FIG. 11 is a flow chart of a test operation by a conventional testing circuit using 3 shift registers. For the sake of simplicity, it is assumed that the 3 shift registers 91-93 of FIG. 10 are used, where the input test data of the circuit-to-be-tested is set in shift register 91, and the output data obtained by this application is captured by shift registers 92 and 93. It is also assumed that each of the shift registers have a bit length of L, M and N.

At step 41, a 3-bit selecting signal SL for selecting shift register 91 responds to clock signal φa to be applied to register 2. A clock pulse of 3 periods is necessary for applying selecting signal SL. Decoder 4 decodes the applied selecting signal SL to activate only switching element 62 and AND gate 82.

At step 42, test data Di responds to clock signal φb to be applied to shift register 91. A clock pulse of L periods equivalent to the bit length of shift register 91 is required to apply this test data.

At step 43, testing of the circuit-to-be-tested is carried out, where the test input data set in shift register 91 is applied to the circuit-to-be-tested. Therefore, the test output data indicating the testing result is applied and held in shift registers 92 and 93. It is assumed that a clock pulse of one period is required to carry out the testing.

At step 44, a selecting signal SL for selecting shift register 92 is applied to register 92. Decoder 4 decodes this selecting signal SL and activates only switching element 63 and gate 83. A clock pulse of 3 periods is required for applying this selecting signal SL.

At step 45, data Do indicating the test result within shift register 92 is provided via switching element 63. A clock pulse of M periods is required for the output of shift register 92.

At step 42, a selecting signal SL for selecting shift register 93 is applied to register 2. This requires a clock pulse of 3 periods. Decoder 4 activates only switching element 64 and AND gate 84.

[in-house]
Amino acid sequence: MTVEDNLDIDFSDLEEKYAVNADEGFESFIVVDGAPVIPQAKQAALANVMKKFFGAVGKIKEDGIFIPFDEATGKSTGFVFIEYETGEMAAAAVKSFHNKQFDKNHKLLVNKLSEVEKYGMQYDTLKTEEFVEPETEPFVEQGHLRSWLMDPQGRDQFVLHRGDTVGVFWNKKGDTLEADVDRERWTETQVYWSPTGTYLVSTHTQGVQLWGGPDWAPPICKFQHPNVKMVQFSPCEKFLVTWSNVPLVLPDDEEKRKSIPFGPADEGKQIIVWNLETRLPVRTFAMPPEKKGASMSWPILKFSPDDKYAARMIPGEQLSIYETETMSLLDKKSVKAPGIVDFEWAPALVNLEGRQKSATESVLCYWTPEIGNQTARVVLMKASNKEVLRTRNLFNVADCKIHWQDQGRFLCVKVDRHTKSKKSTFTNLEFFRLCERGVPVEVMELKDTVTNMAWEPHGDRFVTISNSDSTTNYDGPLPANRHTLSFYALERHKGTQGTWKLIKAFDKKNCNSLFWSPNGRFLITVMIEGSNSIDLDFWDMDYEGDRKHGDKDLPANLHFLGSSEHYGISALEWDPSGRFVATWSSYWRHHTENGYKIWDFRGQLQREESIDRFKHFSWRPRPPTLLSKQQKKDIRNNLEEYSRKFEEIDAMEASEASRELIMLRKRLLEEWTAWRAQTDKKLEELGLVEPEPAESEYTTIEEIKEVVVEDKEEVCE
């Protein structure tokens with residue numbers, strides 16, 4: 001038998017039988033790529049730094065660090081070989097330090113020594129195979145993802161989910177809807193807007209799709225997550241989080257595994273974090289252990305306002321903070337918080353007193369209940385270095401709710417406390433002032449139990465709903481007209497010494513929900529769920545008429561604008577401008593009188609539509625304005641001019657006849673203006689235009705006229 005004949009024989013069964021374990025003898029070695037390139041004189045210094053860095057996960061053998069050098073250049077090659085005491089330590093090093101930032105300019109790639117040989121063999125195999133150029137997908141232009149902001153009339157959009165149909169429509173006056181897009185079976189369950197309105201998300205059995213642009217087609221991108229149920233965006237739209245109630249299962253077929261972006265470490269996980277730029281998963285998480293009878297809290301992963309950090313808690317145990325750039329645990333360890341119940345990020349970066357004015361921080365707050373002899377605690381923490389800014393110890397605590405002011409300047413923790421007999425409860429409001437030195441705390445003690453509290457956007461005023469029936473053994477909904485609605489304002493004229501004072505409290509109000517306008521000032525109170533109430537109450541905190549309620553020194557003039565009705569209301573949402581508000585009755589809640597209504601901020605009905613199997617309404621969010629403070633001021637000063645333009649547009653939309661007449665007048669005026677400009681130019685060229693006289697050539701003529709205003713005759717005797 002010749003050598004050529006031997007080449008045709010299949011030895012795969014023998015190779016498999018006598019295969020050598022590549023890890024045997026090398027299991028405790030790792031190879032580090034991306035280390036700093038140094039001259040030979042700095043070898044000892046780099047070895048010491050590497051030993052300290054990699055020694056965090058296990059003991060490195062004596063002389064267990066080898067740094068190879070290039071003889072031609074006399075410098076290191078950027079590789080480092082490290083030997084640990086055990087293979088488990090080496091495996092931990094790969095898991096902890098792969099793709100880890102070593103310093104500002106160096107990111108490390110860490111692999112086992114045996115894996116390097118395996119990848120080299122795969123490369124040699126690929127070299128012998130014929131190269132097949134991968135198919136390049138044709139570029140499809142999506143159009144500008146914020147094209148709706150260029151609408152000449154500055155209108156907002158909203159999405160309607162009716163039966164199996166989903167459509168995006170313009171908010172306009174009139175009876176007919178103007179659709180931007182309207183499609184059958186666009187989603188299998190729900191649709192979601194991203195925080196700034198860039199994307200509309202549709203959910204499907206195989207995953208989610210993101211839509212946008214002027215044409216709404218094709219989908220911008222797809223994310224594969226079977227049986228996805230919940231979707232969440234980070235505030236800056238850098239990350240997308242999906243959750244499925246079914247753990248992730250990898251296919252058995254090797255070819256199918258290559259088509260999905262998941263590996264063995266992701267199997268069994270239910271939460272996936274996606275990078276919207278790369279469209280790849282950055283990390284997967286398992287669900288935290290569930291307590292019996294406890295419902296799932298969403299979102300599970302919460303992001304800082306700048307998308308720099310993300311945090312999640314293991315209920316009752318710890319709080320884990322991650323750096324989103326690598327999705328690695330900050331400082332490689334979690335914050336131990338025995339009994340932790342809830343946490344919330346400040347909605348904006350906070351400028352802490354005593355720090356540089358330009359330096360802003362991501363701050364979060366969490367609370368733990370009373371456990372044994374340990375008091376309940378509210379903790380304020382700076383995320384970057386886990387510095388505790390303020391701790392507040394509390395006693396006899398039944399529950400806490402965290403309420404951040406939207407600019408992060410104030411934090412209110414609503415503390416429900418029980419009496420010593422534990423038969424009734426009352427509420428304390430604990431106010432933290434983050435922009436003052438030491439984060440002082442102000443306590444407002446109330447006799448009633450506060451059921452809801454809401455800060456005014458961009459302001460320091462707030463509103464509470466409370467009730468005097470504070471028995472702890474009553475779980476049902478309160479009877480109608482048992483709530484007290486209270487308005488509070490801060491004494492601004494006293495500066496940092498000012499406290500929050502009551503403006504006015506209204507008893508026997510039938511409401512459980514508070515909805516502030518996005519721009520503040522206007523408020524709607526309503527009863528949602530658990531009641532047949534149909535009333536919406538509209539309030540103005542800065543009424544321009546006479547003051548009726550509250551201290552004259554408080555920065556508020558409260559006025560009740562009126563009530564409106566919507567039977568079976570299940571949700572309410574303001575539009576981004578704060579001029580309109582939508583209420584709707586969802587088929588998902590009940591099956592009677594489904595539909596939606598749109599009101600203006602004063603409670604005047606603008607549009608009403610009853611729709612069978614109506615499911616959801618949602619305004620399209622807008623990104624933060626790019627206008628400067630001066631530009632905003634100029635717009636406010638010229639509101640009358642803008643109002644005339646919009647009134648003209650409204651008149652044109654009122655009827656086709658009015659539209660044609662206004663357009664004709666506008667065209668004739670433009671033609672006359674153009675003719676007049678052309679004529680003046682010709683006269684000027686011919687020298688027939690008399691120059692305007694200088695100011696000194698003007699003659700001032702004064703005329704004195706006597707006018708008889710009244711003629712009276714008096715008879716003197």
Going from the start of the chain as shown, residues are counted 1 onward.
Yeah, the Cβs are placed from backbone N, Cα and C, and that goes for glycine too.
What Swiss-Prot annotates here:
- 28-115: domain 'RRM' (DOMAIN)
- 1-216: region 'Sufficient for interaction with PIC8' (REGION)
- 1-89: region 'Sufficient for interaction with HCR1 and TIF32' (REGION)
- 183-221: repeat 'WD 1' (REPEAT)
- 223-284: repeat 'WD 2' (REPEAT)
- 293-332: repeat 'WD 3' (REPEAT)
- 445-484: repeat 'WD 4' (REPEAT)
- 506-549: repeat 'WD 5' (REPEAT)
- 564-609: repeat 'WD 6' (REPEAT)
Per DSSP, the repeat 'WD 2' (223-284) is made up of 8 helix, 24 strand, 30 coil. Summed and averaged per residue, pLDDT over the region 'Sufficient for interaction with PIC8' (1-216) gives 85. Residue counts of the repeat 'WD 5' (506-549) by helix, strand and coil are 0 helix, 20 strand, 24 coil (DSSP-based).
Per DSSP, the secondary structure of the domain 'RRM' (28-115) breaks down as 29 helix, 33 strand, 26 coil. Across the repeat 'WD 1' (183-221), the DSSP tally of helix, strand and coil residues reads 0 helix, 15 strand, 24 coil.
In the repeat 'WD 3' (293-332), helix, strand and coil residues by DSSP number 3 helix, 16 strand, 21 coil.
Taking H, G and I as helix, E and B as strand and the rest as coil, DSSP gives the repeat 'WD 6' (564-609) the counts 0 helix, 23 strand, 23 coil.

At step 47, the data indicating the test result held in shift register 93 responds to clock signal φb to be provided via switching element 64. This requires a clock pulse of N periods.

At steps 45 and 47, the test result data provided external to the integrated circuit device is analyzed along with an applied test data Di at an analysis step not shown to determine whether the circuit-to-be-tested is normal or not.

At step 48, determination is made whether the above operation has been completed for all test data (test patterns). If there are some prepared test data still remaining, the control is returned to step 41 to repeat a process similar to the aforementioned process. In the flow chart of FIG. 11, testing is carried out for 9 test data.

The total time TT1 required for testing all Q test data is expressed in the following equation from the above description.

TT1=(10+L+M+N)

It is appreciated that the necessary total time TT1 increases depending upon the bit lengths L, M, and N of the shift registers, and the total number Q of all the test patterns.

SUMMARY OF THE INVENTION

An object of the present invention is to reduce design modification of a testing circuit required in accordance with circuit modification of a circuit to be tested in an integrated circuit device.

Another object of the present invention is to reduce testing time of a circuit to be tested in an integrated circuit device.

A further object of the present invention is to reduce wiring density used for a circuit to be tested in an integrated circuit device.

Briefly stated, an integrated circuit device according to the present invention includes at least one shift register coupled between a single data input and a single data output, a plurality of circuits each to be tested, and a plurality of scan path circuits each connected to a corresponding circuit to be tested of the plurality of circuits for forming a scan path for the corresponding circuit to be tested. The plurality of scan path circuits are connected in series between the data input and the data output to implement a serial connection. The serial connection of the plurality of scan path circuits and at least one shift register are connected in parallel to each other. The integrated circuit device further includes a selective enable circuit responsive to an externally applied selecting signal for selectively enabling one of the serial connection of the plurality of scan path circuits and at least one shift register, a plurality of bypass circuits each bypassing a corresponding scan path circuit, and a bypass control circuit responsive to an externally applied bypass control signal for selectively operating a plurality of bypass circuits.